The merging of the semiconductor backend processes and the SMT businesses paved the way for Yamaha Robotics Holdings Co., Ltd. (YRH) in 2019.
The company has made strategic moves for the past three years. For that reason, its growth strategies have been anchored towards expansion of the business.
Particularly, among the strategies include new facilities in Japan and other countries and enhanced mechanism for common components purchases. In addition, it has also been improving on the structure of developing new products, leveraging on technological synergy.
YRH has Yamaha Motor Co., Ltd. as parent company. Accordingly, Yamaha Motor’s main businesses are surface mounting equipment and robots. Consequently, it established YRH in July 2019 because of business integration of Shinkawa Ltd., APIC YAMADA Corporation, and PFA Corporation, a semiconductor inspection equipment.
The company has been expanding its businesses led by Toshizumi Kato, Chairman & Director of YRH, and Ryosuke Nakamura, President & Representative Director.
Accordingly, the integration of semiconductor backend and SMT processes enabled YRH to provide one-stop solution for customers, said Kato. Since its foundation, Kato said YRH has focused in the promotion of common components procurement and opening of facilities in Japan and abroad. In addition, the company has also focused effecting structural reforms.
“Recently, we have come to demonstrate synergetic effects of the four companies (that made up YRH). Starting the fourth year, we will turn growth strategies toward the expansion of businesses,” said Kato.
YRH made positive turnaround in its business performance of the term ending Dec. 2021. Thus, contributing to the overall performance of the Yamaha Motor group. Immediately, YRH consolidated 19 overseas subsidiaries to 10 subsidiaries after its inception. Currently, it has one each in Taiwan, the Philippines, Vietnam, Singapore, Malaysia, and Thailand. In addition, it also has one each in Lushan, Shenzhen, Shanghai, and Suzhou all in China, and another one in Korea. In June 2021, the company changed the names of these overseas subsidiaries to include Yamaha Robotics.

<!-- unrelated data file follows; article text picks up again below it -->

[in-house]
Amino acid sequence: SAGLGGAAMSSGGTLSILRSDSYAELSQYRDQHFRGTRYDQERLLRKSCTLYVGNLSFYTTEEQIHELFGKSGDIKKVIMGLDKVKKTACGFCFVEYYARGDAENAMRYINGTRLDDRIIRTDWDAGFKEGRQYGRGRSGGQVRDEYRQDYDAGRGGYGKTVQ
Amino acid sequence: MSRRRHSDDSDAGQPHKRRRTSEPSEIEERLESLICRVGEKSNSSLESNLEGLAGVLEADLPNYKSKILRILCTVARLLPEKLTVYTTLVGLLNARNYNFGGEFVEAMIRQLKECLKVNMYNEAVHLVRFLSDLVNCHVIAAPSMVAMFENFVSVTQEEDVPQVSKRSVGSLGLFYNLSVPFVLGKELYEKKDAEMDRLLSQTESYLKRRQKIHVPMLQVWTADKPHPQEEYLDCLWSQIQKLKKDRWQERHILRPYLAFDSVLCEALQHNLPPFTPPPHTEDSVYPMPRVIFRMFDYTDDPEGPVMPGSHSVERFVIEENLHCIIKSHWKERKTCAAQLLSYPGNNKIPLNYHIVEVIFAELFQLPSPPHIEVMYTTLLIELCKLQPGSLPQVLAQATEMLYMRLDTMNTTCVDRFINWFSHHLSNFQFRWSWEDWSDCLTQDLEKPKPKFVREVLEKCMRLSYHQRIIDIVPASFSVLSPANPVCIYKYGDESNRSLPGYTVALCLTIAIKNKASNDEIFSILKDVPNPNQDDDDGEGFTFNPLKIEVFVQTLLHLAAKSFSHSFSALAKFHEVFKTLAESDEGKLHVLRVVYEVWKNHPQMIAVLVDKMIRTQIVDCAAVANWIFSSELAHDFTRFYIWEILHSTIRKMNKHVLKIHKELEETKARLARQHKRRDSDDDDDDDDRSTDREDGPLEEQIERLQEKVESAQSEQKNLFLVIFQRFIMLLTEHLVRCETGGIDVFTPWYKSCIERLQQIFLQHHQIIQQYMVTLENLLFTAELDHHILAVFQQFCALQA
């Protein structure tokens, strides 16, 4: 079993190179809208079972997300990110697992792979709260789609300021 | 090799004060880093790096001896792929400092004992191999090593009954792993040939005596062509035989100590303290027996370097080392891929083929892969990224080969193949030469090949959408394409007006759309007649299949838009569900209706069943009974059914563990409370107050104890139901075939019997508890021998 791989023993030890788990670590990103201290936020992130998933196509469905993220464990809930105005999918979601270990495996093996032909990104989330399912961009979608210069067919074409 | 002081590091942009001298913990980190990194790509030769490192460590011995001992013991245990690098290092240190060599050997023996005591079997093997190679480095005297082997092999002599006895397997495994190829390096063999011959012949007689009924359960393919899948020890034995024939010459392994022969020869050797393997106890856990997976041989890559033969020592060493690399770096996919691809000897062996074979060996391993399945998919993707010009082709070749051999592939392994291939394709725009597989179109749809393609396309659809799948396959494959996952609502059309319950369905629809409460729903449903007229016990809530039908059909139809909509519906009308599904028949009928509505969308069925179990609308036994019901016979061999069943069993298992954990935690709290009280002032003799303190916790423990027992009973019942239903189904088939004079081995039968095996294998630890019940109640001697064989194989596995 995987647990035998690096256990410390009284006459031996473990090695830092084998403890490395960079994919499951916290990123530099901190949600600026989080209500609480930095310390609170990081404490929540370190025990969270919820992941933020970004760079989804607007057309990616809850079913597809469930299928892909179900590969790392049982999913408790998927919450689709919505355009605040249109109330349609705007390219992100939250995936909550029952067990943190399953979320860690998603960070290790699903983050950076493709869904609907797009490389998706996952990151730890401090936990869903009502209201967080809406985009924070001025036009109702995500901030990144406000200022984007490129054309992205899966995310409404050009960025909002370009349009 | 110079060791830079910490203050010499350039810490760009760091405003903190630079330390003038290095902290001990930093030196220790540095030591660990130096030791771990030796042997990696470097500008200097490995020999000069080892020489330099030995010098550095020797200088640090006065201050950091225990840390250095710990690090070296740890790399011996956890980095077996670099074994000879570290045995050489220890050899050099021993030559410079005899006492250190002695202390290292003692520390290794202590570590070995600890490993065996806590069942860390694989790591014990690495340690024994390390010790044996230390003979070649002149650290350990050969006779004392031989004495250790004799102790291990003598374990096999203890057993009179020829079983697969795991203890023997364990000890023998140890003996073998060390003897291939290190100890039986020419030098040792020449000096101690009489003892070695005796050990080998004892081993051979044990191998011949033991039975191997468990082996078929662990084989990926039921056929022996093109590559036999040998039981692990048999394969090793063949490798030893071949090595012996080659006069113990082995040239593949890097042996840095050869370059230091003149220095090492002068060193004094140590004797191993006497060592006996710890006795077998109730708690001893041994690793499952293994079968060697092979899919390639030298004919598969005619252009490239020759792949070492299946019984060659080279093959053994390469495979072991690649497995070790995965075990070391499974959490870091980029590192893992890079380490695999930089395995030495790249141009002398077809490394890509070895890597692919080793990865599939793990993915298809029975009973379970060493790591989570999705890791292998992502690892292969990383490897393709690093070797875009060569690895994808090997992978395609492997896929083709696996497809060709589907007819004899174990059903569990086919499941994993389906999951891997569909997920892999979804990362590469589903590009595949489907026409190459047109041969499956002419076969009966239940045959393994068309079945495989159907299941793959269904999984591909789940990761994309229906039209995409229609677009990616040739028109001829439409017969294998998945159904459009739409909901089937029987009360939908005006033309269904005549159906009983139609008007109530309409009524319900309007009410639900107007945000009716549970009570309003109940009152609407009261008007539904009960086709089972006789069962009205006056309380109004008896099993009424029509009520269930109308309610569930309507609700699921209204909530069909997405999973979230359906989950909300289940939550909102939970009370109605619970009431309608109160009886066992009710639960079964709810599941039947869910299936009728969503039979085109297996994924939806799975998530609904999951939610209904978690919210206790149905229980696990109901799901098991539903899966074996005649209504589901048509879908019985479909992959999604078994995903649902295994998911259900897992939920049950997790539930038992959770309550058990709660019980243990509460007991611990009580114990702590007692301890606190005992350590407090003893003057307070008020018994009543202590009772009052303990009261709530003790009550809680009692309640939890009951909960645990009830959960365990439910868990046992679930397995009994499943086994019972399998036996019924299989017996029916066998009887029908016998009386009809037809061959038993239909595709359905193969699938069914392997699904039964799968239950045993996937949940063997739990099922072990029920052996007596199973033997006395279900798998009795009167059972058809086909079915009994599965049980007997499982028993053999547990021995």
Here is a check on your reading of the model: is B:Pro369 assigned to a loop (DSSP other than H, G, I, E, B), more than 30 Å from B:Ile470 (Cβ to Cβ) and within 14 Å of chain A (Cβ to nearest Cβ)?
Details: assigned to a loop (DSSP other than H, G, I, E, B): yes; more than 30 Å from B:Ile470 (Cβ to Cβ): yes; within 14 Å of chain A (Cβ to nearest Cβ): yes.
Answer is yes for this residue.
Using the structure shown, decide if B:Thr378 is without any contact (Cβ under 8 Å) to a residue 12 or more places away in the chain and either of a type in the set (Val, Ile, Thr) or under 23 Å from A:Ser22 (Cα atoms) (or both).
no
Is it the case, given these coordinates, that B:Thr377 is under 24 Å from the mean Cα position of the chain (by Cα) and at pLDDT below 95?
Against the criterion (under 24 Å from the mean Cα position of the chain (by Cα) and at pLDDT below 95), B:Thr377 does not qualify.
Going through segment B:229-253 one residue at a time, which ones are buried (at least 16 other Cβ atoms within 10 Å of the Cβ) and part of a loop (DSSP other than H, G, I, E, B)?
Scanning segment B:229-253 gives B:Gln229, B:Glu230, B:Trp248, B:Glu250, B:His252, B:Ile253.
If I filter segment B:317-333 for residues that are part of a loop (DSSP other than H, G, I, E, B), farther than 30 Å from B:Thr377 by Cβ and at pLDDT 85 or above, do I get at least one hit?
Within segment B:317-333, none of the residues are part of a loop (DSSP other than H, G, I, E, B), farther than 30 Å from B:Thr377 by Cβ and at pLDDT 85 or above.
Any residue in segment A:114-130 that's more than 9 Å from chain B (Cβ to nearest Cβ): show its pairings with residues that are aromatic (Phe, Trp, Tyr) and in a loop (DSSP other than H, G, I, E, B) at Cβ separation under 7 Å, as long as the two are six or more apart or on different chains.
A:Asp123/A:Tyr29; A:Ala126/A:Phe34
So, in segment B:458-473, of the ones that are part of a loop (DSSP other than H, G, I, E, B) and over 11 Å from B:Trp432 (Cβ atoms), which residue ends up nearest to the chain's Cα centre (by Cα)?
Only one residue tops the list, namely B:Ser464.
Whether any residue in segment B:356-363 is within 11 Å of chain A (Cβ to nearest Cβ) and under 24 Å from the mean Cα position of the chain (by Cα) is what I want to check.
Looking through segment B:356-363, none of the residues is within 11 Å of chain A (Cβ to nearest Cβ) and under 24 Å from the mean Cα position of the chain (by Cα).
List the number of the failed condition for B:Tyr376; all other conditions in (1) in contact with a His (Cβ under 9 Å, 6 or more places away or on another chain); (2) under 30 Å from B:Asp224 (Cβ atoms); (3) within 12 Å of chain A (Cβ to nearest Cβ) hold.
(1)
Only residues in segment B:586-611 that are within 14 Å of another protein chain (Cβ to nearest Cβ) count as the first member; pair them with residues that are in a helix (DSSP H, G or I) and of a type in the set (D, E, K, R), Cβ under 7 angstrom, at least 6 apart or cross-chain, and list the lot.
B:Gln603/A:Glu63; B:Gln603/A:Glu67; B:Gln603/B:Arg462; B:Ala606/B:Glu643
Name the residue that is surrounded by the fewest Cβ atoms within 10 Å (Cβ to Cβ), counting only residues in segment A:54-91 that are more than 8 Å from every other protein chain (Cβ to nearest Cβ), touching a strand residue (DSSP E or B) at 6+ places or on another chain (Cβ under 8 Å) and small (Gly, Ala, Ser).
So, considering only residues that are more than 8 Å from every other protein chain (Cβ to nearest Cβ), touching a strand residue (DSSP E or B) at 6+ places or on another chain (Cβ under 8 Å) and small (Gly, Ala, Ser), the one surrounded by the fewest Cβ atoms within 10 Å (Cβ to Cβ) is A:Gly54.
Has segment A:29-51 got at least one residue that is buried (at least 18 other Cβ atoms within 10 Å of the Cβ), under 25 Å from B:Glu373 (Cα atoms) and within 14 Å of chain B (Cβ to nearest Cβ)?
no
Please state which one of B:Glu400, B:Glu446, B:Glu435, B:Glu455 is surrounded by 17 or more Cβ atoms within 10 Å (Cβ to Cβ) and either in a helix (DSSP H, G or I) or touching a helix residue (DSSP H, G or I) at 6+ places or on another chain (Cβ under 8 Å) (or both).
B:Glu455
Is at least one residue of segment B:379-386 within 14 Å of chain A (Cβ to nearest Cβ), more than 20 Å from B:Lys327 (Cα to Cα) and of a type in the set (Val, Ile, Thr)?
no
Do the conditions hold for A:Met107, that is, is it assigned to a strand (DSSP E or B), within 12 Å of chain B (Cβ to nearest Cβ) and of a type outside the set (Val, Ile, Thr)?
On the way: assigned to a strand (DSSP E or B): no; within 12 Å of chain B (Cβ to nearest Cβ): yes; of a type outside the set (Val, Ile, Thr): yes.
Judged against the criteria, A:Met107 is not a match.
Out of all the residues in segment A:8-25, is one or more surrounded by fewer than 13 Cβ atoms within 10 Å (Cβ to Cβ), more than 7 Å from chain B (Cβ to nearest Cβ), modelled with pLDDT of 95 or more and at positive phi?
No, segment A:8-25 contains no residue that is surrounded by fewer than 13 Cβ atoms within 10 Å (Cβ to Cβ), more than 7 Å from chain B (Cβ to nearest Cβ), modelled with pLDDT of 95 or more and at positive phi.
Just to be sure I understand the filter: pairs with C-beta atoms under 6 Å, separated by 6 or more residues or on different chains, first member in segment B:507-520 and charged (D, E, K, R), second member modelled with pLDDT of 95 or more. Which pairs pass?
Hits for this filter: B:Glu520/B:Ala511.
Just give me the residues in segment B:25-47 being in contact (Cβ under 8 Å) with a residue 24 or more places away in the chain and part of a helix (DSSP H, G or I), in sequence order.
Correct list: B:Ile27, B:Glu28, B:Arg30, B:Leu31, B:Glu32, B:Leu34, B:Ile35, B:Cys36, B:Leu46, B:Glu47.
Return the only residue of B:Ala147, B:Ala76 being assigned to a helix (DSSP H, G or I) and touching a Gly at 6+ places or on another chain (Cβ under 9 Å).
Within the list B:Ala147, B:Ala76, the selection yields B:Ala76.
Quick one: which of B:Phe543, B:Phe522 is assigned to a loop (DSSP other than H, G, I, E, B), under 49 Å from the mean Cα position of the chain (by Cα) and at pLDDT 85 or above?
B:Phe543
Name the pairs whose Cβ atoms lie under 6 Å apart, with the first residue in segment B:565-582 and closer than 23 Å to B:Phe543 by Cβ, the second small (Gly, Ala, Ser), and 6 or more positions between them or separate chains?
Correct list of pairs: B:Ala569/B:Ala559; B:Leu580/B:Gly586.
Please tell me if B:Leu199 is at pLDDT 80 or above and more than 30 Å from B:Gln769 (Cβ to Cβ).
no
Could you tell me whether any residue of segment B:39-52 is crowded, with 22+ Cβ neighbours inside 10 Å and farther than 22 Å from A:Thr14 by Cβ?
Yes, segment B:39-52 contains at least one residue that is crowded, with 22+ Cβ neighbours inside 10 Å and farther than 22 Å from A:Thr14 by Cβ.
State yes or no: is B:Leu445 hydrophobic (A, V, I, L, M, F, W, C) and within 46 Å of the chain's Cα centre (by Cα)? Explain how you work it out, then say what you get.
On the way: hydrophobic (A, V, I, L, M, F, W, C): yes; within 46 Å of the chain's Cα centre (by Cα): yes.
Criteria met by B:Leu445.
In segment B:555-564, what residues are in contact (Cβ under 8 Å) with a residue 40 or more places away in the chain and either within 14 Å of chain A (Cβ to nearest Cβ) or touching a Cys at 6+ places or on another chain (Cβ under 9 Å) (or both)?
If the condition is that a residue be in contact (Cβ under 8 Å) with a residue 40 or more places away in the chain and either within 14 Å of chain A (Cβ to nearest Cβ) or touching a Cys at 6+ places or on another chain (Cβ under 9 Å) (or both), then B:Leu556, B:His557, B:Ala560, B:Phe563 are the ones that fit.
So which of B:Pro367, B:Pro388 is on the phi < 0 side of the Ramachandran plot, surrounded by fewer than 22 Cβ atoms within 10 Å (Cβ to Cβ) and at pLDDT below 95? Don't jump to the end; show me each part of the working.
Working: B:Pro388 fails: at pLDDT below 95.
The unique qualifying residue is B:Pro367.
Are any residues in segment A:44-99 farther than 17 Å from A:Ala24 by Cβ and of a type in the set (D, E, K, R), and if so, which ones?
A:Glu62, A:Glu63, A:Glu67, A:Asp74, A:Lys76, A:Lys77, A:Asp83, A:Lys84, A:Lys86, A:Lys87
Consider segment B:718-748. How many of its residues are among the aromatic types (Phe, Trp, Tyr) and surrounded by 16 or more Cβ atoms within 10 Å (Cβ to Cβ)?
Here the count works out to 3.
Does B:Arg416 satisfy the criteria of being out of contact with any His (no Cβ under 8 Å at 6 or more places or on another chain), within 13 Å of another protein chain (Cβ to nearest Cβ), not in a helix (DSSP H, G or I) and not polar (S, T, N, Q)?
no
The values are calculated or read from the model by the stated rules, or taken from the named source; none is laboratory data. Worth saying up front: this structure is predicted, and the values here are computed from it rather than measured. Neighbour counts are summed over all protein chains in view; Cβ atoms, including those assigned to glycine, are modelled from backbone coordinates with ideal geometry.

YRH has also reconstructed its production system. For example, it has commissioned SHINKAWA’s bonder production to Robotics Operations of Yamaha Motor. Moreover, the company opened showrooms at Suzhou and Shenzhen subsidiaries in China, and set up laboratories in Suzhou, Shenzhen, and Taiwan.
The company relocated Shinkawa Taiwan Co., Ltd. in Taipei to Hsinchu, and made it into a laboratory. Taiwan Laboratory came with a clean room and installed with equipment required for the development of leading-edge processes and devices, evaluation of materials, and the development of equipment.
To strengthen its capabilities in the overseas market, YRH has added distributors of SMT machines. Particularly, Yamaha Motor’s WKK in Hong Kong and Mass Co., Ltd. in Japan are among the distributors, adding to the existing sales channels of Shinkawa, APIC YAMADA, and PFA.
Kato said, “We have been advancing cross sales, whereby group companies operate cross-sectional way, by unifying the business flow, such that APIC YAMADA sells SHINKAWA’s products. We have been taking the same approach for SMT distributors as well, and it has already started to produce results. At the same time, we step up direct sales to leading customers.”
YRH proposed Development of Chip-on-Wafer Direct Bonding 3D Stacking Integration Technology for Post-5G as a next-generation bonding technology. In fact, the New Energy and Industrial Technology Development Organization (NEDO) has adopted it as one of the development topics for its open-call project. Particularly, for research and development of enhanced infrastructures for post-5G information and communications systems and developing technologies for manufacturing leading-edge semiconductors.
The National Institute of Advanced Industrial Science and Technology and Tokyo University of Science will participate in the technological development as joint research partners, and SHINKAWA will conduct some of the development.
The technology supports sixth generation (6G) mobile communications that require even more advanced high-speed signal transmission performance. In addition, it integrates multiple semiconductor chips, including ultrathin chips, by joining them with high productivity and high yield. YRH targets to put it to practical use after three years of development.